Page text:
The new EU’s AI Act: Regulating framework proposal on artificial intelligence in Europe
Proposed EU rules could limit the type of research that produces cutting-edge AI tools like GPT-3. It is supported by a policy briefing that provides specific recommendations for EU policymakers for changes to be implemented into the final version of the AI Act. some EU policymakers believe it is a critical goal of the act to set a worldwide standard, so much so that some refer to a race to regulate AI. The new European rules will forever change the way AI is formed.
The proposal seeks to reduce administrative and financial burdens for businesses, in particular small and medium-sized enterprises. It imposes requirements for market entrance and certification of High-Risk AI Systems through a mandatory CE-marking procedure. Open source developers would be required to abide by rules for risk management, data governance, technical documentation, and openness, as well as benchmarks for accuracy and cybersecurity, under the EU’s proposed AI Act. The AI Act draft combines a risk-based approach based on the criticality pyramid with a modern, layered enforcement mechanism.
The EU’s AI Act:
The EU aims to prevent the rules from stifling innovation and hindering the creation of a flourishing AI ecosystem in Europe, by introducing legal sandboxes that afford breathing room to AI developers. This might further concentrate power over the future of AI in giant technological companies and hinder research that is vital to the public’s understanding of AI. The AI Act is itself an excellent starting point for a holistic approach to AI regulation.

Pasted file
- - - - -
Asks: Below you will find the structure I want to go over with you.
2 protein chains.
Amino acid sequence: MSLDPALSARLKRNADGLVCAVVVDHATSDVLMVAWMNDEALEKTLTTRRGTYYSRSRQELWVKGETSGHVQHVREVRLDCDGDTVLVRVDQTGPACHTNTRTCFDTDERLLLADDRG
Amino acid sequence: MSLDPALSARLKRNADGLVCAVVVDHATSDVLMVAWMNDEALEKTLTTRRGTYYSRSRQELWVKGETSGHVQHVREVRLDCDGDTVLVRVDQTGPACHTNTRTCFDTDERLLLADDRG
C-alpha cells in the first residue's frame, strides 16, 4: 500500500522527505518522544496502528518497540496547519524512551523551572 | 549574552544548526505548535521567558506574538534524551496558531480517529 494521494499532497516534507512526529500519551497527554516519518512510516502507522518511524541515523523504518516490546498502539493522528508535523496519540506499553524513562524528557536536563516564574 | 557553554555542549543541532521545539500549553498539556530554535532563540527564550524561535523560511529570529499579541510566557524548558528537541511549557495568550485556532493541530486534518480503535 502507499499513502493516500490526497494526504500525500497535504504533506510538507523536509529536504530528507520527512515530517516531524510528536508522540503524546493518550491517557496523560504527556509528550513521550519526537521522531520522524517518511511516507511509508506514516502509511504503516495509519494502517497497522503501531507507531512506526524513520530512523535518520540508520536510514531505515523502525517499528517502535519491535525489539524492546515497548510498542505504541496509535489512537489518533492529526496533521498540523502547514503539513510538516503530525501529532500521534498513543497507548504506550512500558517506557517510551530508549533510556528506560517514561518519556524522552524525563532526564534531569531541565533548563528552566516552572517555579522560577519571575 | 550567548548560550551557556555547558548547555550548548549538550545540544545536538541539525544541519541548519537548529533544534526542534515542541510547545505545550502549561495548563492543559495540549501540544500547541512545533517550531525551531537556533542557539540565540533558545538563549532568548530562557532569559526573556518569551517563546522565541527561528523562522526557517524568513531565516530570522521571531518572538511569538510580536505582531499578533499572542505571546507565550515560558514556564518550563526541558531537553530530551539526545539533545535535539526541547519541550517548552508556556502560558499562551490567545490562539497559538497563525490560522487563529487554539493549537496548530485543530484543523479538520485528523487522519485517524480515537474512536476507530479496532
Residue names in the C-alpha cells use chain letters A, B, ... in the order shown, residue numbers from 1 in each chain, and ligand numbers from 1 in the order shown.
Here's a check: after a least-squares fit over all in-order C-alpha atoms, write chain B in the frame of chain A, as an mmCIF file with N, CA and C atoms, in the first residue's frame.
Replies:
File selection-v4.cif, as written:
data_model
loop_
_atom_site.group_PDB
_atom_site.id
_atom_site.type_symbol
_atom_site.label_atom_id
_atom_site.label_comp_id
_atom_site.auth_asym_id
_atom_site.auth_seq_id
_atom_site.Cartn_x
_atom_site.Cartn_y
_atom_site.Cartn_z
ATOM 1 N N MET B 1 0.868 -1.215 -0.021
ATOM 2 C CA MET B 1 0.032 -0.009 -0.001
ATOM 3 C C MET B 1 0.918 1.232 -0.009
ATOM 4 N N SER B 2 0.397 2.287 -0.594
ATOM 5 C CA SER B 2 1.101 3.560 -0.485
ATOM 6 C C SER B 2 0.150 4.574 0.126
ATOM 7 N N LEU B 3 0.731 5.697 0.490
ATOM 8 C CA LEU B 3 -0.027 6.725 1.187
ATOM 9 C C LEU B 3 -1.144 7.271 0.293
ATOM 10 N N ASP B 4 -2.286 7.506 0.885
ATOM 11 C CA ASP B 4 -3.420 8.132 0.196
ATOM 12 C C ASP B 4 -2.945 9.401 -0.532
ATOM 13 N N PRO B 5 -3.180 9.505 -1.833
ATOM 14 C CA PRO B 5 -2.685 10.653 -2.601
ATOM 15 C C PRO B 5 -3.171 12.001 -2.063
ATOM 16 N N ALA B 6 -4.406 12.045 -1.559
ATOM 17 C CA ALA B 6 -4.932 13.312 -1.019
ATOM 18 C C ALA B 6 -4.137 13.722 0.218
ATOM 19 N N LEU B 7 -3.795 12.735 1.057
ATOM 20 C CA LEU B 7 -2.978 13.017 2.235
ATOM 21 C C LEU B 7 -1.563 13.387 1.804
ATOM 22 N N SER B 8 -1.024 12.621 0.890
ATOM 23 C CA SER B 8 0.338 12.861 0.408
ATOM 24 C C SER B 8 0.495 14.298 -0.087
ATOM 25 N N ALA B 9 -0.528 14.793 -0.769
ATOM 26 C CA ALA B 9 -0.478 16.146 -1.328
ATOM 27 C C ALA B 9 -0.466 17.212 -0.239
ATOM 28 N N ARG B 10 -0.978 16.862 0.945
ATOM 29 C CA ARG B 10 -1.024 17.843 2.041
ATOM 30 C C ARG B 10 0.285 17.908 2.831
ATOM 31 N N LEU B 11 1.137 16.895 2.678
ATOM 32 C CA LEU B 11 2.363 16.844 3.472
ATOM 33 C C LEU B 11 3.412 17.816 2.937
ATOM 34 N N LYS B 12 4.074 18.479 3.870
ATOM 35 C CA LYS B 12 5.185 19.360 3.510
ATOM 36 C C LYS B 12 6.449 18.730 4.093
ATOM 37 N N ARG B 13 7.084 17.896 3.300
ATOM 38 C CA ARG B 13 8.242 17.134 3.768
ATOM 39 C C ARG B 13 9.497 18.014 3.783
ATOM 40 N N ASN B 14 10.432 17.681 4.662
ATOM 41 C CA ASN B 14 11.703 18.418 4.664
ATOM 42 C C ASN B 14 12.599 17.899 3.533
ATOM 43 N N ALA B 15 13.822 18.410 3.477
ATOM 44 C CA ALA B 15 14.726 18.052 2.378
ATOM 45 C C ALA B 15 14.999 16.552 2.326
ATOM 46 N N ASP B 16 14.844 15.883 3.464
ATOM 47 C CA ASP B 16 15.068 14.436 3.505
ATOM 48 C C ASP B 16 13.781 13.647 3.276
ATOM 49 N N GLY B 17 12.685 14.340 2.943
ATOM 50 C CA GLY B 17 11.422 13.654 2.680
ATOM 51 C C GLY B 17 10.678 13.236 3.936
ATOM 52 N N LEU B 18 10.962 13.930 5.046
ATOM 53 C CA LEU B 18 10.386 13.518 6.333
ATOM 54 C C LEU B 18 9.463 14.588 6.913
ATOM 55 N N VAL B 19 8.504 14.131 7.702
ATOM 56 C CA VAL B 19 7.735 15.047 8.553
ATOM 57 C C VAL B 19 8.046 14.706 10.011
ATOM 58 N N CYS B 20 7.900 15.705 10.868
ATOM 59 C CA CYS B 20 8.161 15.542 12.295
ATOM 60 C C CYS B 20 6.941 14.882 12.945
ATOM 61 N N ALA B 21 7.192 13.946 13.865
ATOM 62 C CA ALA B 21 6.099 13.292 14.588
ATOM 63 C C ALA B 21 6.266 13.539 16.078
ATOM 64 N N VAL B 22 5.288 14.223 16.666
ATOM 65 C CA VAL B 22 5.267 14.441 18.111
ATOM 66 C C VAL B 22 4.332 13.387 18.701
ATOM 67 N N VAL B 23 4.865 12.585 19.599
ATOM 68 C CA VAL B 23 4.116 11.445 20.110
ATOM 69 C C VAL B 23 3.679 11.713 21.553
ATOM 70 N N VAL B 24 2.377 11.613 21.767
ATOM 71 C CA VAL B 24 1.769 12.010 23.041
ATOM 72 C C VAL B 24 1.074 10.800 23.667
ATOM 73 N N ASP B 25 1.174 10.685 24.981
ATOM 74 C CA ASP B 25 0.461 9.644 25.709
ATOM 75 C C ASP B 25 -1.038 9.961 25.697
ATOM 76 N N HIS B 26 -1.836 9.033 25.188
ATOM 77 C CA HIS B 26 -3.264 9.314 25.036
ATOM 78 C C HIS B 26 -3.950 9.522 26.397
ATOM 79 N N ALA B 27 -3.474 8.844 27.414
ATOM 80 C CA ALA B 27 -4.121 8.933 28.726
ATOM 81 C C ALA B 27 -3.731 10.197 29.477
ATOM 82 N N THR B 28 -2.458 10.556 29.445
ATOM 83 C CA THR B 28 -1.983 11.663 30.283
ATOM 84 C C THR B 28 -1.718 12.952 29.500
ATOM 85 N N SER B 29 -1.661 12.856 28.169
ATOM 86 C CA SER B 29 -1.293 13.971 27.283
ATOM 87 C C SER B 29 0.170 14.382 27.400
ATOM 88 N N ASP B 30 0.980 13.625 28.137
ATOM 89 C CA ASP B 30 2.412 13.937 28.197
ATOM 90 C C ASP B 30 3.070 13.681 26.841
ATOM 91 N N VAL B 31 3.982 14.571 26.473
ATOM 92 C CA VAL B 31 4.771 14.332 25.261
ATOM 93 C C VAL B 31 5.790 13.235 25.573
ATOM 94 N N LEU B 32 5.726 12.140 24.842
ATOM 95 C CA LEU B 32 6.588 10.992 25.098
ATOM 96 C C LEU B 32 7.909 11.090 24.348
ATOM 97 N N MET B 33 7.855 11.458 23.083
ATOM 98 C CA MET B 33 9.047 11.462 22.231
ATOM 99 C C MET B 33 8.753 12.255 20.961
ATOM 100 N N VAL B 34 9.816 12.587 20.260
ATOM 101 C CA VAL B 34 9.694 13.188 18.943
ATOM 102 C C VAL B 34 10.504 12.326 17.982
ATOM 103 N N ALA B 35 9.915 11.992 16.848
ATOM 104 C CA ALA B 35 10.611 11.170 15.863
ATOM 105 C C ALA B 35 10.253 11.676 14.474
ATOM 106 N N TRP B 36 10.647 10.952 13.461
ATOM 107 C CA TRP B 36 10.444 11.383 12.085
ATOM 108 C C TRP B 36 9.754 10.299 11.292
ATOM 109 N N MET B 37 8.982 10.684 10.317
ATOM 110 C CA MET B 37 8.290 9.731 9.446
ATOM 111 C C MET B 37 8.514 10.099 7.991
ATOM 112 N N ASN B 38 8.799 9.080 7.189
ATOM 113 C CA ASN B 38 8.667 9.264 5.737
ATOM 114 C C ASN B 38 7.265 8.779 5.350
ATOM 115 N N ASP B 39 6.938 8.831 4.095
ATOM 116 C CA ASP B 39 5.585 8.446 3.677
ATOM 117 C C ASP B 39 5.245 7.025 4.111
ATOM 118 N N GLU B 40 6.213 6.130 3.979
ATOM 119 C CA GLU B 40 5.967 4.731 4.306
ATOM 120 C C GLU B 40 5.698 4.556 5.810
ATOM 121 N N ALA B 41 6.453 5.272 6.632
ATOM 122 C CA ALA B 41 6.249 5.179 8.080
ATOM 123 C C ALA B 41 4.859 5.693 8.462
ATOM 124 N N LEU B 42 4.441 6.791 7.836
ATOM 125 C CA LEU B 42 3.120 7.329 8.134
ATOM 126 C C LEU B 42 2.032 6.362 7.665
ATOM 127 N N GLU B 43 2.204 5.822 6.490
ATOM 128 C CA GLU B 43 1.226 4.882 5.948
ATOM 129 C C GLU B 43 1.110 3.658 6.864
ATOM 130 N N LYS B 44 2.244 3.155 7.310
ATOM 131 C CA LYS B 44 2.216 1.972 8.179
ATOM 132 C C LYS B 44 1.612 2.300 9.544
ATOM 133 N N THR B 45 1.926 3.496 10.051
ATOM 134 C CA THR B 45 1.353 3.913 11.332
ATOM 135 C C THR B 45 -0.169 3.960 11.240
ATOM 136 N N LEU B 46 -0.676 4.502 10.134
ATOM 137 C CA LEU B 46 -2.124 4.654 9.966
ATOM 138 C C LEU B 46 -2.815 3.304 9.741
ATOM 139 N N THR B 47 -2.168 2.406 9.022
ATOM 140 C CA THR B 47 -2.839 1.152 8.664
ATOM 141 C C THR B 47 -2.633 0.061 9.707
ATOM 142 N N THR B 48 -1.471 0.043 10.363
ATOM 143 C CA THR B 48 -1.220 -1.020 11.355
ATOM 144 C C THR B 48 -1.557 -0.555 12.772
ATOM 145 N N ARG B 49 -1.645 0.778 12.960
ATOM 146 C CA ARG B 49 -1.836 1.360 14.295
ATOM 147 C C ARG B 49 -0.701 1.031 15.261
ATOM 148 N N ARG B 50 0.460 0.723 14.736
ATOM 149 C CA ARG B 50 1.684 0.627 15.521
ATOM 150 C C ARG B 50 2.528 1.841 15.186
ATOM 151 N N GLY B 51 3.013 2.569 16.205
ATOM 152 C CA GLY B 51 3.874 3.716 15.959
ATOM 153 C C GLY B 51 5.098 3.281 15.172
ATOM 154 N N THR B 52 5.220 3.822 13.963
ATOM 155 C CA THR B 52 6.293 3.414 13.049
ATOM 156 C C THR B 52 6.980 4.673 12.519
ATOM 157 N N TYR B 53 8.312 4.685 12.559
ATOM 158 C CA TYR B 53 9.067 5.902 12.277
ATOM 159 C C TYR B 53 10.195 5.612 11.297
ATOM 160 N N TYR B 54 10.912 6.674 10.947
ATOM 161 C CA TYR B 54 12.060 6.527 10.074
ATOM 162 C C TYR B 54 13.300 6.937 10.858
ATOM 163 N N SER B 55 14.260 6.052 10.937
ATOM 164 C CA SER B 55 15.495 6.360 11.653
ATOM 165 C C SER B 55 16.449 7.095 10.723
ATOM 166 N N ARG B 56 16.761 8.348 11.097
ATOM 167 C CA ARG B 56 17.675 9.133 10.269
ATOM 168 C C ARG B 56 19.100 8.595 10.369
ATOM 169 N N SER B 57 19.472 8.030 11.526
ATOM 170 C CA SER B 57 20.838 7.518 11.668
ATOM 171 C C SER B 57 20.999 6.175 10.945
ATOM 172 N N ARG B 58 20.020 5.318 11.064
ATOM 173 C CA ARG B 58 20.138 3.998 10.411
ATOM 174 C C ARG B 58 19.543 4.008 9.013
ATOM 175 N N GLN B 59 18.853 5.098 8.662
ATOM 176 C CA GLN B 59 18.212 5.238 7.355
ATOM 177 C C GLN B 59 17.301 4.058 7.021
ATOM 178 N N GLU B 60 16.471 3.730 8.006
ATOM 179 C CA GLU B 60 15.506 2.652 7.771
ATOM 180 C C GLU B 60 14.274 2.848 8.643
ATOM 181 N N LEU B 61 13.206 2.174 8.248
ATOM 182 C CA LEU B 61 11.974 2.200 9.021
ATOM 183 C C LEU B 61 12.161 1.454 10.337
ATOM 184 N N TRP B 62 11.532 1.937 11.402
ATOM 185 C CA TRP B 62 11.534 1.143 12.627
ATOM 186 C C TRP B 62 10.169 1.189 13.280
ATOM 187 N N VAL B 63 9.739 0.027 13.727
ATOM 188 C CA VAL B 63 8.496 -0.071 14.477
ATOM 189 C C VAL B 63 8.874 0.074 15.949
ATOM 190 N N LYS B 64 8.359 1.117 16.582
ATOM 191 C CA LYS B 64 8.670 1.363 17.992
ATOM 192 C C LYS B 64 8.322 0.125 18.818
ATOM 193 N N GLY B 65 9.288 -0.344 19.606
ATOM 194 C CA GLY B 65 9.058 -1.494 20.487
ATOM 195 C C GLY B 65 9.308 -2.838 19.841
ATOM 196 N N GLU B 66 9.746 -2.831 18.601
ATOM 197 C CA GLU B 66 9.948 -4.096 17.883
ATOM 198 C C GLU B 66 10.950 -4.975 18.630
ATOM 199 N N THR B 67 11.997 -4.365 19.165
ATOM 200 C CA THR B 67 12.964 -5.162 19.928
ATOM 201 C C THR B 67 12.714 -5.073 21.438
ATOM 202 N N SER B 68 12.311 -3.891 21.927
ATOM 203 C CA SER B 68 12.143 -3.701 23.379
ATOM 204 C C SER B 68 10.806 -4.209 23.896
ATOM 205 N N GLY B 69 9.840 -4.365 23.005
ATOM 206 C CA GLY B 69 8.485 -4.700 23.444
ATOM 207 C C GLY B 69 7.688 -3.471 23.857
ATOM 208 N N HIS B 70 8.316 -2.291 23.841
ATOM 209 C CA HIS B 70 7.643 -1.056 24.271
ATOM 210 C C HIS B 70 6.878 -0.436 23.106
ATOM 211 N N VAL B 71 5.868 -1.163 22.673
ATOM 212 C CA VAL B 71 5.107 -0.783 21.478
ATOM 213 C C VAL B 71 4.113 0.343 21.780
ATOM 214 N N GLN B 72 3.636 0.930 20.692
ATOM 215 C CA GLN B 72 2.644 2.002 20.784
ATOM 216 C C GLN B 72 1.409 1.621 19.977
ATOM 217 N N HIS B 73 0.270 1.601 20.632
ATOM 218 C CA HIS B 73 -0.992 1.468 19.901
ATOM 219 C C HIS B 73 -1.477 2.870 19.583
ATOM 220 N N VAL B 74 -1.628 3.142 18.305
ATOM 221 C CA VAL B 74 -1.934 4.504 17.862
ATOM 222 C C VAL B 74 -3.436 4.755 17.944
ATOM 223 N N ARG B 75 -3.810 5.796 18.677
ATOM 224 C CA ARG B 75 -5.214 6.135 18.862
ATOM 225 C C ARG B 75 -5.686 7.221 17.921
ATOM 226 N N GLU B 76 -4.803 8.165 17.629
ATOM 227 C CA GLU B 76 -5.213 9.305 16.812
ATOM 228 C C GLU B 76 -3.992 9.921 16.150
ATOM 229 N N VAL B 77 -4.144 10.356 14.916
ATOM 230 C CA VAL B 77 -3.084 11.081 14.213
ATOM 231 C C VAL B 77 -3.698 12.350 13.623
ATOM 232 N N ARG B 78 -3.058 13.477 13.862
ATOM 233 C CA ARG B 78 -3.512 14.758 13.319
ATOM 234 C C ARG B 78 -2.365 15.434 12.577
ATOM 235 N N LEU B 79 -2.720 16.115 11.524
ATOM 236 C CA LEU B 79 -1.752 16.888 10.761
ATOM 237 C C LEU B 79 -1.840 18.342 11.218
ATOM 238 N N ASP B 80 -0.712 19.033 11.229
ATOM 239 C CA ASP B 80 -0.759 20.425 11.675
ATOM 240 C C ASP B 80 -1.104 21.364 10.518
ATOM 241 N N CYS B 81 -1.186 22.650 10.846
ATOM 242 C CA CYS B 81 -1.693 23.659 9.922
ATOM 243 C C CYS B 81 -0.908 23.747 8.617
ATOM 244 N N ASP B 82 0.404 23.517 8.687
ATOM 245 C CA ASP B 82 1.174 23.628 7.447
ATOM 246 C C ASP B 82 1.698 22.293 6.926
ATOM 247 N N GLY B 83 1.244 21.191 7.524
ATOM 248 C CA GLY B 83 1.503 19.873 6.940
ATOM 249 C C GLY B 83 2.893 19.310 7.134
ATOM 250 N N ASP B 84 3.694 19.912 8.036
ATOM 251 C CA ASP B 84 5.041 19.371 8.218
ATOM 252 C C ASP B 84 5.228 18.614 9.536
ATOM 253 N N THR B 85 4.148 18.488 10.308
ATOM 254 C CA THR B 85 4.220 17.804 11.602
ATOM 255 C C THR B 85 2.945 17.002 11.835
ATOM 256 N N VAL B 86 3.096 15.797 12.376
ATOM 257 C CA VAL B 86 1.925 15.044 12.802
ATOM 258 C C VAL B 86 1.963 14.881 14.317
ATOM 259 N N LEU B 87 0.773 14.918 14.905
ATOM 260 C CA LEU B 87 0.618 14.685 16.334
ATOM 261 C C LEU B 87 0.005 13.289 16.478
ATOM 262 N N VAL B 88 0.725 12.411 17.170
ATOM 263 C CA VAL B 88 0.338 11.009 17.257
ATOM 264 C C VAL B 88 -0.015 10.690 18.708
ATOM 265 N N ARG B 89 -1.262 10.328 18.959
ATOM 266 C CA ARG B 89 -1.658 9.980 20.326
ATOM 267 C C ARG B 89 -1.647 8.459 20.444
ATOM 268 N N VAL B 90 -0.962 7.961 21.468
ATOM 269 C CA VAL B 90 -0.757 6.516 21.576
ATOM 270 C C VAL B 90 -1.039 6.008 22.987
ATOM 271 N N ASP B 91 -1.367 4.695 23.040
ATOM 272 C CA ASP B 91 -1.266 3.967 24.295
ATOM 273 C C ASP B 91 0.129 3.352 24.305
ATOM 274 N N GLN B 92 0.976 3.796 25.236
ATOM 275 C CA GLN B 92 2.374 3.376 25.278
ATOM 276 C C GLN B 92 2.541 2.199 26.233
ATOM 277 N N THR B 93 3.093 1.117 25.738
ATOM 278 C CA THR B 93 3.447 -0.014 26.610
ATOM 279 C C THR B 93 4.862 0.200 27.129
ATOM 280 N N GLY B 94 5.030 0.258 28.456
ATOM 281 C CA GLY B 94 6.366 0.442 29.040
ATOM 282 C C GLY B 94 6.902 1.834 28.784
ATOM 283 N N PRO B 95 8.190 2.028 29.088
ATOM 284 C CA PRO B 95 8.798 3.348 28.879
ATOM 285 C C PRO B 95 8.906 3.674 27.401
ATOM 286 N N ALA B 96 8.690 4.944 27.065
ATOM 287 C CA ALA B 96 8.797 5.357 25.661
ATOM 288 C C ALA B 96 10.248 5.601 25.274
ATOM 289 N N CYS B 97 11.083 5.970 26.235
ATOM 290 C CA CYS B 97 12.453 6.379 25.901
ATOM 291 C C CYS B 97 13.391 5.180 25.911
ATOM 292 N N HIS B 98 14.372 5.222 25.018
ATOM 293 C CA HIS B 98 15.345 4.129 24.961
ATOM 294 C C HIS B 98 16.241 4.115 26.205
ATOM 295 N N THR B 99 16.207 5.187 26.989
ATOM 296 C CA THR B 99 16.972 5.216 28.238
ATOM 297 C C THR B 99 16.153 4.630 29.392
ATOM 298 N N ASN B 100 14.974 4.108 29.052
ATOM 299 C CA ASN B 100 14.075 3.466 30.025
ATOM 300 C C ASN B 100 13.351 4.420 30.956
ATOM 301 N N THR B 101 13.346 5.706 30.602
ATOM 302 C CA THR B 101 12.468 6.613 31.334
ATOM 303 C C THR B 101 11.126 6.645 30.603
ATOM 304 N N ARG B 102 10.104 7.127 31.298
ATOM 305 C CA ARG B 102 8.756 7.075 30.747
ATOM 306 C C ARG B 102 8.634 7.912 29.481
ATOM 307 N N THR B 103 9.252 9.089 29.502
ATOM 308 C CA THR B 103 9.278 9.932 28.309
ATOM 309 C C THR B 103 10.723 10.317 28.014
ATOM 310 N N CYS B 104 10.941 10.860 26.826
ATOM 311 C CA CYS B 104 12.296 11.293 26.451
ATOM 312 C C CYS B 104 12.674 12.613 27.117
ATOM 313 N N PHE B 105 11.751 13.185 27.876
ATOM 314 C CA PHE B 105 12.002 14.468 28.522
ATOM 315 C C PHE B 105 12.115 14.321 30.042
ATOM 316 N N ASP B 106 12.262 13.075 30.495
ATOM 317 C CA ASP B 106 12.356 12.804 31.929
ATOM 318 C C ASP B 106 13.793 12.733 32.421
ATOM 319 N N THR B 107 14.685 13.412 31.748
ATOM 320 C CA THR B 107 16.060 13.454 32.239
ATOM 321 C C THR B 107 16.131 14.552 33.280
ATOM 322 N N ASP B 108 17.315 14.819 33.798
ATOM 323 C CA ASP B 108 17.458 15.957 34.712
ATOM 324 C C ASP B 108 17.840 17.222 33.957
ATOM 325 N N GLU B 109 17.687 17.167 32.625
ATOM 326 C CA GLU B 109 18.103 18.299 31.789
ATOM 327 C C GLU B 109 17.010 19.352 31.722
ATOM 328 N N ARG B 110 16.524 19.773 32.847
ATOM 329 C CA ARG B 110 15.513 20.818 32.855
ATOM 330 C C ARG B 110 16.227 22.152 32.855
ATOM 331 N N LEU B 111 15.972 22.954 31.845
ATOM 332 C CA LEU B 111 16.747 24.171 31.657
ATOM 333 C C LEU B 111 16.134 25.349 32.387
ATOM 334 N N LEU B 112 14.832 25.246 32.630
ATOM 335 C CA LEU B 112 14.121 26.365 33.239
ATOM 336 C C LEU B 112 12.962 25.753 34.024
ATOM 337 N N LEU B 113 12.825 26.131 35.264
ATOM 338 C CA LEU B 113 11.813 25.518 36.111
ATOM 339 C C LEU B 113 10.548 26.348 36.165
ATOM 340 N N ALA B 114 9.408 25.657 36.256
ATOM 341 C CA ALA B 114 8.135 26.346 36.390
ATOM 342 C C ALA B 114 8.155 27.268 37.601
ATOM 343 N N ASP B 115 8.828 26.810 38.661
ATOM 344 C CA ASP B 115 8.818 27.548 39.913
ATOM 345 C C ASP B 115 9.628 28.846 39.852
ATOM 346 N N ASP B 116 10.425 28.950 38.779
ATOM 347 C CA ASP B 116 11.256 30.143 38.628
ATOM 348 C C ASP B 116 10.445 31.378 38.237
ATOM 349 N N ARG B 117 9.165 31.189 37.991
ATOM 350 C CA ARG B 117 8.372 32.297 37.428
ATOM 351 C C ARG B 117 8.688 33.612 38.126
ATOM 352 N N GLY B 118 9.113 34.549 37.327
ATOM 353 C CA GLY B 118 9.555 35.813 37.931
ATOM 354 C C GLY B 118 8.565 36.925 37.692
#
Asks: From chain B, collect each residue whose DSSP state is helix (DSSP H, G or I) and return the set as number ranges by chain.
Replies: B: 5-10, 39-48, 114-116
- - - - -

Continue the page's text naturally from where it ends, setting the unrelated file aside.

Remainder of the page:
AI systems can be general purpose, meaning the same system can be applied to different contexts and raise different impacts for different individuals and groups. High-risk AI systems for human services will be highly influenced if they are built into online or otherwise internationally interconnected platforms. The EU’s AI Act will create a process for government oversight of many categories of high-risk AI systems that interact with people, and attempt to ban a few unacceptable qualities of AI systems.
The EU’s AI Act will facilitate the development of a single market for lawful, safe, and trustworthy AI applications and prevent market fragmentation. And ensure that AI systems placed on the Union market and users are safe and respect existing law on fundamental rights and Union values, ensure legal certainty to facilitate investment and innovation in AI. It will probably take years before AI regulation in the EU begins to take shape, given the numerous moving pieces and the numerous stakeholders it affects.